Incoming Books

Whenever I am worried about the state of the world, or my family, or my health, I build a wall of books around me. So, needless to say, October has been a month of intensive book acquisition.

Starting from the top, a book by an Austrian writer Franz Schuh, whose latest book of essays (somewhat in the acerbic satirical tradition of Karl Kraus) was written during the pandemic. The title is certainly quite a sobering one Lachen und Sterben (Laughing and Dying). I will be reviewing this for the Austrian Riveter produced by the EuroLitNetwork. I love it, but will it work for someone who is not as partial to Viennese humour and cynicism as myself?

A Quebecois journalist, travel writer and novelist next: Isabelle Grégoire. I’ve actually received two novels by her from a translator friend: Fille de Fer (The Iron Maiden? – not pictured here) is set on the railway lines of the very far north of Canada, while Vert comme l’enfer (Green Like Hell) is set at least partly in the Amazonian jungle.

Scottish writer Iain Hood’s Every Trick in the Book was a very kind present from Karen (whom you might know as Kaggsy’s Bookish Ramblings). She reviewed it on her blog, and I thought it sounded quite amusing and very clever.

The Haunted Hotel is the first of two Wilkie Collins acquisitions this month, inspired no doubt by Eleanor Franzen’s deep dive into this author. I had to buy his best-known novel, The Woman in White, too, because I realised that although it is one of my favourite English 19th century novels, I do not actually own a copy of it. You can’t go wrong with the very pretty, tactile Alma Classics editions, which often have some bonus material at the end of each book.

I think it was in an Australian contributor’s #6Degrees of Separation post (and I apologise, I cannot remember exactly who it was) that I came across the book Women of a Certain Rage, a collection of personal stories and essays about angry women by Australian women writers, introduced by Liz Byrski. Women openly expressing their rage is still perceived as so unseemly, so dull, so unnatural, and it makes me seethe (just like my mother’s admonishments: sit nicely, speak softly, don’t frown, don’t raise your voice, don’t lose your temper).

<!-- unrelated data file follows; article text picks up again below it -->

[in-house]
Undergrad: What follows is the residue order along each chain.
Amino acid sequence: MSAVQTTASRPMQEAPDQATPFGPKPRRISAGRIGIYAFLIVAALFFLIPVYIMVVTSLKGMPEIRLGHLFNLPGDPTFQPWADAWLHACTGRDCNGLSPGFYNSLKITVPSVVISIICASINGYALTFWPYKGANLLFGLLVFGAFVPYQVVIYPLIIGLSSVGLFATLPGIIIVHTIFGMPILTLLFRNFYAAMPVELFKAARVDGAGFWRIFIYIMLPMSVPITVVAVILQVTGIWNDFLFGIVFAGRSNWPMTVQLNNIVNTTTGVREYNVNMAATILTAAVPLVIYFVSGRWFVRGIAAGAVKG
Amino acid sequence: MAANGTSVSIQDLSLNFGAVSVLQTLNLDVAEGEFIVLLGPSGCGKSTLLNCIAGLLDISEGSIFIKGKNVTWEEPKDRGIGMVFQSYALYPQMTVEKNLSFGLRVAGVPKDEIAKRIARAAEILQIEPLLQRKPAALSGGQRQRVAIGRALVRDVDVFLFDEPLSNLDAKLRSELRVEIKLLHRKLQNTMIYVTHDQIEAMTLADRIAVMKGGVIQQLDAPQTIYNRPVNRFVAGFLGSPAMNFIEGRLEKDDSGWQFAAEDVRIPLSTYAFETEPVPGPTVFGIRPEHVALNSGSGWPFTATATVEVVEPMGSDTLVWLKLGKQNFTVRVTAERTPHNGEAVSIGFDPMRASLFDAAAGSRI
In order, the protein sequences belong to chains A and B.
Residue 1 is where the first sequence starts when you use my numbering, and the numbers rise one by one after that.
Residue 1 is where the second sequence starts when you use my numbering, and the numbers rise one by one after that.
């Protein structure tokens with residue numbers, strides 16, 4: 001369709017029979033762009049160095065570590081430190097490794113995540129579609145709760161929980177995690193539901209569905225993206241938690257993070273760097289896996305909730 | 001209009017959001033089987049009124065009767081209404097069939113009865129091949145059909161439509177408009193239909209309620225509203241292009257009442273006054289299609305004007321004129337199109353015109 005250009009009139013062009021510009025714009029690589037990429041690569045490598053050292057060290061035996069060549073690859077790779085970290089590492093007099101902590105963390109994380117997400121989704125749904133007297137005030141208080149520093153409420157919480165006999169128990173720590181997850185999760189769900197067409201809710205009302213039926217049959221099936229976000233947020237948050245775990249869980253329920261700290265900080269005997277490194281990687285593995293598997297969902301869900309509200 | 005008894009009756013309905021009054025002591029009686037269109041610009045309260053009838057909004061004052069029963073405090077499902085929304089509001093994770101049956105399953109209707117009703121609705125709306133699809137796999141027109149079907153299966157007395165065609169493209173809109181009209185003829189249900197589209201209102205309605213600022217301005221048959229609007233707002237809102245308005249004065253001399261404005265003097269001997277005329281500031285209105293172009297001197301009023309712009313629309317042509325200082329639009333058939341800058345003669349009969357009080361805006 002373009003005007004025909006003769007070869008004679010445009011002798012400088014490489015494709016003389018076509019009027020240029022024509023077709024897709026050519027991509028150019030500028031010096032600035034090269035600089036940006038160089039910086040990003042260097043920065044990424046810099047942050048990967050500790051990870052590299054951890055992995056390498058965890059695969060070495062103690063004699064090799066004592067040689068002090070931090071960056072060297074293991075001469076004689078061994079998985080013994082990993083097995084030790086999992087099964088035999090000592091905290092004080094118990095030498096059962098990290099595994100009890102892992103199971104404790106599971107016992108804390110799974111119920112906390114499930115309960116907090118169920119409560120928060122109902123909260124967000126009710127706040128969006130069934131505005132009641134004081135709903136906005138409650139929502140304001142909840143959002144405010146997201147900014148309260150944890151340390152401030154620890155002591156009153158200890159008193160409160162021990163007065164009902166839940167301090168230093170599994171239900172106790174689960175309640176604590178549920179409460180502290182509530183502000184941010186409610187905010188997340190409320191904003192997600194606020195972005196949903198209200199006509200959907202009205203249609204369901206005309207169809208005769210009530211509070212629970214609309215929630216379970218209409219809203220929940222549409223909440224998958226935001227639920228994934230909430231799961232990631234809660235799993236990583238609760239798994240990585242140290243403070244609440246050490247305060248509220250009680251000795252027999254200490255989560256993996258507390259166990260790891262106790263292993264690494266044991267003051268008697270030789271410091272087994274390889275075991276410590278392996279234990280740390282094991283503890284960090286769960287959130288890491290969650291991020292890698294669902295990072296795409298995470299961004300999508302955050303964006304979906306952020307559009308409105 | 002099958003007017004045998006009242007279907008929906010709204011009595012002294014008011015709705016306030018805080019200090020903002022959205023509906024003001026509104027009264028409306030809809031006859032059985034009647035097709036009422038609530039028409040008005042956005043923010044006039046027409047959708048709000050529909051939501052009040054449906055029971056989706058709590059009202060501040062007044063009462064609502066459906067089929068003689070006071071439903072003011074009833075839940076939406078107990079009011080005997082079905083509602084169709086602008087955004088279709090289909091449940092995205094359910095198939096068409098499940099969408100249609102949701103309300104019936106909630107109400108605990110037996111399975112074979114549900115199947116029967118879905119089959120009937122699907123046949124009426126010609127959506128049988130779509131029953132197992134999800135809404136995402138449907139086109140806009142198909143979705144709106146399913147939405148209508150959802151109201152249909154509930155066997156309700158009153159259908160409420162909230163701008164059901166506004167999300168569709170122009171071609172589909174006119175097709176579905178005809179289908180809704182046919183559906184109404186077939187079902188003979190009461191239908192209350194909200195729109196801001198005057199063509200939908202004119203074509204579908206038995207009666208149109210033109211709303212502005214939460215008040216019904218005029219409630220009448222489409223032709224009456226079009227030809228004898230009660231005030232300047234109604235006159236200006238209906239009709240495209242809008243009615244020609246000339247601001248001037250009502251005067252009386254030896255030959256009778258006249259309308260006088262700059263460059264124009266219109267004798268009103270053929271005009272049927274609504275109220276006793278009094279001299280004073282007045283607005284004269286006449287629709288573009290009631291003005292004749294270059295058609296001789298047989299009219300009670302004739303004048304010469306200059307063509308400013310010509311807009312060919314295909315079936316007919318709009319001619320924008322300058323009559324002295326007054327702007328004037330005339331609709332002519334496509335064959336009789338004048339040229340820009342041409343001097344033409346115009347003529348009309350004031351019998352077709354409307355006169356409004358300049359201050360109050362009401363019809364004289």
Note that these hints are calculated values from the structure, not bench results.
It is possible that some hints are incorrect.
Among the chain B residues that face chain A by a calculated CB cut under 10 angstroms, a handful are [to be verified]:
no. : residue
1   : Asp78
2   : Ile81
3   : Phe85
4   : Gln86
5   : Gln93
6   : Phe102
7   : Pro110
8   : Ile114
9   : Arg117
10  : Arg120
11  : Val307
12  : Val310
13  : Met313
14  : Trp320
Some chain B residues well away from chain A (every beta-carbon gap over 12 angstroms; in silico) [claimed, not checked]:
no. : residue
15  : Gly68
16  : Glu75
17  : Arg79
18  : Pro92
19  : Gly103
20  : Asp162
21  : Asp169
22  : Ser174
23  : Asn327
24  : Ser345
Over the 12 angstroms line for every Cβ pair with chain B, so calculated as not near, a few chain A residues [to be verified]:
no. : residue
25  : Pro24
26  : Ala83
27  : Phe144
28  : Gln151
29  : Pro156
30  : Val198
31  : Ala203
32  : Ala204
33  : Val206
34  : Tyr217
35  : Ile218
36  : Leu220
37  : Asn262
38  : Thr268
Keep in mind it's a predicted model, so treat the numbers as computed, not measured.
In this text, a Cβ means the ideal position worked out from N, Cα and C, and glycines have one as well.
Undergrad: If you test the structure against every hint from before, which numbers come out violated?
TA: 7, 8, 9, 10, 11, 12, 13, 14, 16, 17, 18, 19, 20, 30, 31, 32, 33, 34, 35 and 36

I have become a complete Marlen Haushofer fan and had been meaning to buy her biography for ages (or at least since I attended a conference about her work). Written by Daniela Strigl, its title is a quote from the author herself: ‘Wahrscheinlich bin ich verrückt…’ (I may well be crazy). I also bought her novella Die Mansarde (The Attic Room) and will probably read it asap for German Lit Month and Novella in November.

I’ve loved Lissa Evans‘ Old Baggage and Crooked Heart, so I acquired V for Victory on my Kindle soon after it came out. However, I never got round to reading it and when I saw a hardback at my library, I thought I would prefer to read it in this format. I am already 40 pages in and it’s proving the perfect comfort read.

Not one but two Bloomsbury books next. I used to joke in my 20s that if I ever appeared on Mastermind, the Bloomsbury Group would be my specialist subject. But in the meantime, there have been quite a lot of new books published about them, as they seem to be a perpetual source of fascination, scandal and gossip even with this generation. I have read Frances Spalding’s biography of Vanessa Bell, but thought it might be nice to own it, but I did not know about the biography of David (Bunny) Garnett, Bloomsbury’s Outsider by Sarah Knights, and am curious to see if my rather negative opinion of him will be swayed in any way.

Yet another chunky biography, this time of the problematic but hugely talented Austrian writer Joseph Roth, Endless Flight by Keiron Pim. This is turning out to be quite an Austrian acquisition month, isn’t it?

Finally, another library book, one I had to wait for, the ever-popular Anthony Horowitz with his latest Hawthorne mystery A Twist of the Knife, in which the author as ever makes an appearance as a somewhat egocentric, hapless participant, this time accused of murder because a critic panned his play on opening night. Great escapist fun!